Monday, February 20, 2012

Yoga Sutras: a guide to meditation: What is concentration?

Book 1 of the Yoga Sutras is titled “Samadhi Pada” or an exposition of the state of meditative concentration which constitutes true meditation. We saw in an earlier blog article (on Stanza 2) that Patanjali, author of the Yoga Sutras, describes the state of yoga concentration (or meditation) as resulting from the cessation of the mind’s identification with, interest in, and feeling (like or dislike) response to its perceptions (whether in memory form, through current sense impressions, desires or imagination).

In this first book Patanjali is describing both the positive aspects of meditative concentration and the obstacles to that concentration. Meditation requires one to continually strive to disengage from thoughts and our emotional interest and response to these thoughts (here, thoughts include signals from the five senses and our response to them). Patanjali says success comes from “long and constant efforts with great love and desire for the goal.”

First we focus on detaching our response and interest in objects (called to our mind by desire, memory, etc.); then comes non-identification with the feeling states associated with objects (happiness, sadness, boredom, sleep).

We then go through various stages of meditation starting with interiorized contemplation which contains a mixture of intuition, reason, questioning and inner dialogue. This can reveal insights about objects, people, and of course ourselves and the very nature of cognition.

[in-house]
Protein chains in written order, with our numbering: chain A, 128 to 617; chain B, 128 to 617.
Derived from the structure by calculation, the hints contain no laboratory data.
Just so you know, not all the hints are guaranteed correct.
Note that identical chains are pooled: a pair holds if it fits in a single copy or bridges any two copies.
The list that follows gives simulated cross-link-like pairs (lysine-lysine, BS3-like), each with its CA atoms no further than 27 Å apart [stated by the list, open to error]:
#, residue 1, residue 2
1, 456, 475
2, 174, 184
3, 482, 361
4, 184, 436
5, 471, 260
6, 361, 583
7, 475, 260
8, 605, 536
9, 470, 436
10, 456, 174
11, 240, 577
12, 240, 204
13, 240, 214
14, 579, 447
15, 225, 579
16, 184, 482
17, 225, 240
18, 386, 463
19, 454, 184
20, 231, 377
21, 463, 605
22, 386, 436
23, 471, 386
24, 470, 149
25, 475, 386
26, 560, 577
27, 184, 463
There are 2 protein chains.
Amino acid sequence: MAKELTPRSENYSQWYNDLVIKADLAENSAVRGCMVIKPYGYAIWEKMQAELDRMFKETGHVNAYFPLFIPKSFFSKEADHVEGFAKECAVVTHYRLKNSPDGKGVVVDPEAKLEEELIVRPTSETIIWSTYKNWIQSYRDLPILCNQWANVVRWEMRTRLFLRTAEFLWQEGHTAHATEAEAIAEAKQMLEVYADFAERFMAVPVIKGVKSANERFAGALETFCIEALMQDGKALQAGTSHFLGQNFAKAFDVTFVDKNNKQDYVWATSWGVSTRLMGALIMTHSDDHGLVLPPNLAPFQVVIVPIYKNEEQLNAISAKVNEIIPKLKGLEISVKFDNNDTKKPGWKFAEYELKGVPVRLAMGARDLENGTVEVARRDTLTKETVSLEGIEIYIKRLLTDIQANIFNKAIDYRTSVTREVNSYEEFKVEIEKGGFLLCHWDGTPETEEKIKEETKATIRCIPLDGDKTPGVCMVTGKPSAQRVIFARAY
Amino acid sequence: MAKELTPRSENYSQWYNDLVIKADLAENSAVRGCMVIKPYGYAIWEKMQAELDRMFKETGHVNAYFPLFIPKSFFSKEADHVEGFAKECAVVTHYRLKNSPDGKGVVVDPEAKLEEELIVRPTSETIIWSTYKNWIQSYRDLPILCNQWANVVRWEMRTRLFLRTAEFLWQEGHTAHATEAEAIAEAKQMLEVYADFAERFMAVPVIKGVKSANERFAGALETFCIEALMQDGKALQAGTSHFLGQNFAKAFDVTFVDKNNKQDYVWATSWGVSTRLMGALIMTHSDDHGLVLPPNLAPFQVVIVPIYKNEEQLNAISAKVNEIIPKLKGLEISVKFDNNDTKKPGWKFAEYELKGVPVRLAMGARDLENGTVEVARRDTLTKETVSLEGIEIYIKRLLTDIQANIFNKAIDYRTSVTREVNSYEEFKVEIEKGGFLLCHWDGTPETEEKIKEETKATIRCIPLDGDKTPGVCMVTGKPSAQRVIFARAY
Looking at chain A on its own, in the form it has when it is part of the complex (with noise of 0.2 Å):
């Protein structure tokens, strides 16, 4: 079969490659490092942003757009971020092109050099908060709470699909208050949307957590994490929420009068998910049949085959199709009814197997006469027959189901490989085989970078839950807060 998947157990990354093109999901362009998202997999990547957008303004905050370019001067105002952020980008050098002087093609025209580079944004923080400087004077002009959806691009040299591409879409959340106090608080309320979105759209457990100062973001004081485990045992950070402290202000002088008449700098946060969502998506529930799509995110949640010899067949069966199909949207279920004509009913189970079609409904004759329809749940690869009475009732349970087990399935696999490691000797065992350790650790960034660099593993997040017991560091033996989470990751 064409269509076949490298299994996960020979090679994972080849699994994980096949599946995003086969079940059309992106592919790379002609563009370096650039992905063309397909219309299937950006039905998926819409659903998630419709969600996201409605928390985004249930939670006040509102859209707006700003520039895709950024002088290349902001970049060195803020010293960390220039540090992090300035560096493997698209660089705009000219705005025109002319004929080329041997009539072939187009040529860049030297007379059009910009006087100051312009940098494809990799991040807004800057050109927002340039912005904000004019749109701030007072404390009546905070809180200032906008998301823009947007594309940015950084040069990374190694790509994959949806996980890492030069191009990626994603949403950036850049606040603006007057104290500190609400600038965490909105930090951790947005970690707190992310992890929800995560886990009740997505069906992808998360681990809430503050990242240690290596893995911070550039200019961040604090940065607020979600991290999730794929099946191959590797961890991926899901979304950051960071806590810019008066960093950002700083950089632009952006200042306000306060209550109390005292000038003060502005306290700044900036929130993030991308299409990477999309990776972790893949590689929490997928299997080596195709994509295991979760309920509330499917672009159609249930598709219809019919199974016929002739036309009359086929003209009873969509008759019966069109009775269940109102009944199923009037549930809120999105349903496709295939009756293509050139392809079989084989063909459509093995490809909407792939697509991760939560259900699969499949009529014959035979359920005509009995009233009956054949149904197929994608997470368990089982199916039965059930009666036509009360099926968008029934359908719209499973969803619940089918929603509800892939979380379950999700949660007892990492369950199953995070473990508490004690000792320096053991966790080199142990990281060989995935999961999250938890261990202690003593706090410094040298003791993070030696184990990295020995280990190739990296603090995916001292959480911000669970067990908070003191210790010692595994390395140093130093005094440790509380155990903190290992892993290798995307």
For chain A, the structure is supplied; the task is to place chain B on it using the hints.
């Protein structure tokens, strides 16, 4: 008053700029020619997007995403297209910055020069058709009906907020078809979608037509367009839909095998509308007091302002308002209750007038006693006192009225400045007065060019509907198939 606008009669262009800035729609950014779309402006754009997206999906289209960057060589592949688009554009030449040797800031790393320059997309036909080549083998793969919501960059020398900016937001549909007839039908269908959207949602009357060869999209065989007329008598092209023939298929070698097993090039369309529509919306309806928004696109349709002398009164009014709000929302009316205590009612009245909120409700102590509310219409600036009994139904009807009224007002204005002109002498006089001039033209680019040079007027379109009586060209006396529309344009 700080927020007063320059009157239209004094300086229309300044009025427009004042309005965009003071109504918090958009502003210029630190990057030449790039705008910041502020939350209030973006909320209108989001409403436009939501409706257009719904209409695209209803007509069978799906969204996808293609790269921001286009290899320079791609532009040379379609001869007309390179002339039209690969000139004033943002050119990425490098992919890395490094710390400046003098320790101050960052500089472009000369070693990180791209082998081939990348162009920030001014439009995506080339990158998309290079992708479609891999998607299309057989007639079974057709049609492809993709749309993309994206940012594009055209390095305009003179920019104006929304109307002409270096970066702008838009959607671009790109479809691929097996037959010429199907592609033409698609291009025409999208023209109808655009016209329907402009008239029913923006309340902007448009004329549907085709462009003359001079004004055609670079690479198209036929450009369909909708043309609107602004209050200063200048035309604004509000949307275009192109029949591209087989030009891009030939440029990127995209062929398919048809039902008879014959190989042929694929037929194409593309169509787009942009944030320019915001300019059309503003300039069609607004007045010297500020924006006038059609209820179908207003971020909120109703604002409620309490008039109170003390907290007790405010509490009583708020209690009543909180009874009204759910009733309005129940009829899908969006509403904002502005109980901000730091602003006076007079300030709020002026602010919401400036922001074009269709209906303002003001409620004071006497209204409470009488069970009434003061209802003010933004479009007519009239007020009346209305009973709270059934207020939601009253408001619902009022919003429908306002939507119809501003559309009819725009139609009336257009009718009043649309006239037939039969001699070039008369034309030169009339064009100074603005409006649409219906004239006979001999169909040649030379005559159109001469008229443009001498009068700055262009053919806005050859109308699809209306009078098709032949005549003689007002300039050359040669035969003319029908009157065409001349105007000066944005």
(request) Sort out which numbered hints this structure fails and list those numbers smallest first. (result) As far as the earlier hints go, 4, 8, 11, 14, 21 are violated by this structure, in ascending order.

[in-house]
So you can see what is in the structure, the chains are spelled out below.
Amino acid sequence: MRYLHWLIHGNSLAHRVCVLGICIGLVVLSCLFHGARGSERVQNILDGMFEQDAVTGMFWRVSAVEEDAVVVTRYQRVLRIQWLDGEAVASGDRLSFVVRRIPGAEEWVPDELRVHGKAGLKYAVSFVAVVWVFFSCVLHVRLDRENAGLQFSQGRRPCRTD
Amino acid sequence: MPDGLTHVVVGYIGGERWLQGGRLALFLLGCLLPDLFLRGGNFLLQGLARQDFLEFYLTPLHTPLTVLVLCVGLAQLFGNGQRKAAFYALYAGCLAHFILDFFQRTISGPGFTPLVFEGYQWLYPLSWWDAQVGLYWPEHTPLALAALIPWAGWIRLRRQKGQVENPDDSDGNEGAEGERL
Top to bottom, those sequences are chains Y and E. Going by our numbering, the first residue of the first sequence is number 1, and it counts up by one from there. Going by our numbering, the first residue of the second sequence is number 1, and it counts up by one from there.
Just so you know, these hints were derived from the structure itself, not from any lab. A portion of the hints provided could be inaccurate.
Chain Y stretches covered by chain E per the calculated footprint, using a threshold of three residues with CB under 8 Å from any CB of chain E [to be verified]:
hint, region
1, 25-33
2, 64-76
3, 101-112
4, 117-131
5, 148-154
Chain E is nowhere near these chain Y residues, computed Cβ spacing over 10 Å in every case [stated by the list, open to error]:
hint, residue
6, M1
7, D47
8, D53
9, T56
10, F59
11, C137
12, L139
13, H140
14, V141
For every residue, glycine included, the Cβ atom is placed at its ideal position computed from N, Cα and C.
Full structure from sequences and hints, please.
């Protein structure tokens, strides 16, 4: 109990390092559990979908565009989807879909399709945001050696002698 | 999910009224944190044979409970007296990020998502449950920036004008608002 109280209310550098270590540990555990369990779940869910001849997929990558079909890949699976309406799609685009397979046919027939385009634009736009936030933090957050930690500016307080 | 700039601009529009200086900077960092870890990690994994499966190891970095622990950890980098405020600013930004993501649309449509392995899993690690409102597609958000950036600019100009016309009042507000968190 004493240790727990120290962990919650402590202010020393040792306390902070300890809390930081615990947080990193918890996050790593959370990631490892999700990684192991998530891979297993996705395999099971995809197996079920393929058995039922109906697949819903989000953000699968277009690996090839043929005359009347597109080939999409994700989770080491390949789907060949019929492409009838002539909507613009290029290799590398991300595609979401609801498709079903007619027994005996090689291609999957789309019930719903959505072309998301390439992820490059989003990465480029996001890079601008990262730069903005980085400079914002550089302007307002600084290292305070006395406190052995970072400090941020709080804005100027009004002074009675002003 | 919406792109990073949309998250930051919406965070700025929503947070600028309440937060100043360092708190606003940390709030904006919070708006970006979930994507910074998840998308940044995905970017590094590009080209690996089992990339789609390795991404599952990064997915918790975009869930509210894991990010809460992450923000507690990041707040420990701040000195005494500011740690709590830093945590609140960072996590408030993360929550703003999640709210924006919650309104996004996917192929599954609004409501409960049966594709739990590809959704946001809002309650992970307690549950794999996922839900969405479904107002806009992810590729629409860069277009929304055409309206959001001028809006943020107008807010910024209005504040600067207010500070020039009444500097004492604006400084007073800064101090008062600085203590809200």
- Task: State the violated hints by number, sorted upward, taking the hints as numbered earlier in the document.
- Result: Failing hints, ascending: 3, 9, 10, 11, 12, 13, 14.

We proceed to the next level which is more purely intuitive and knowing. When we ascend beyond this stage we experience joy which is subtler because there’s no object under contemplation. Beyond joy, though without necessarily leaving it, is pure sense of Self, or I-ness.

These stages have yet higher octaves such as the experience of wonder and reverence; contemplation of God (or Higher Consciousness); pure Bliss; expansion of awareness beyond the body into space beyond the body.

The highest of such states, called Samadhi, merge the act of cognition with the object and the subject (Self). Called many things and described in countless ways down through the ages, this state goes beyond the intellect’s (and this writer’s) comprehension and ability to describe. I reference the reader to Paramhansa Yogananda’s poem, “Samadhi.” (It can be found in the original edition of his life story, “Autobiography of a Yogi.”)

Returning now to the process of concentration, Patanjali includes devotion to God (Iswara) as  meditation and especially meditation upon the “word” that manifests God, OM. Repetition (mental chanting) of OM, and meditation upon OM (heard in meditation) are particularly important forms of meditation.

Patanjali recommends meditation upon one object as the way to calm the breath and emotional disturbances which hinder meditation. Breath control techniques can speedily bring the mind under control.

Any form of meditation that accelerates or reveals the subtle astral senses can greatly help as well. Meditating on the inner light (seen in the forehead), meditation upon the heart center, meditation upon peace or pure happiness, or indeed “anything that appeals to one as good” — these are all forms of meditative concentration which will yield the progressive stages which lead to samadhi.

In essence and in conclusion, Patanjali is recommending that the meditator find a positive focus for meditation rather than only work on “fighting off” all distractions. Instruction in the methods is given by one’s teacher and especially one who is or represents a true teacher, or guru: one who, has himself, achieved the highest state of samadhi.

Blessings to you,

Nayaswami Hriman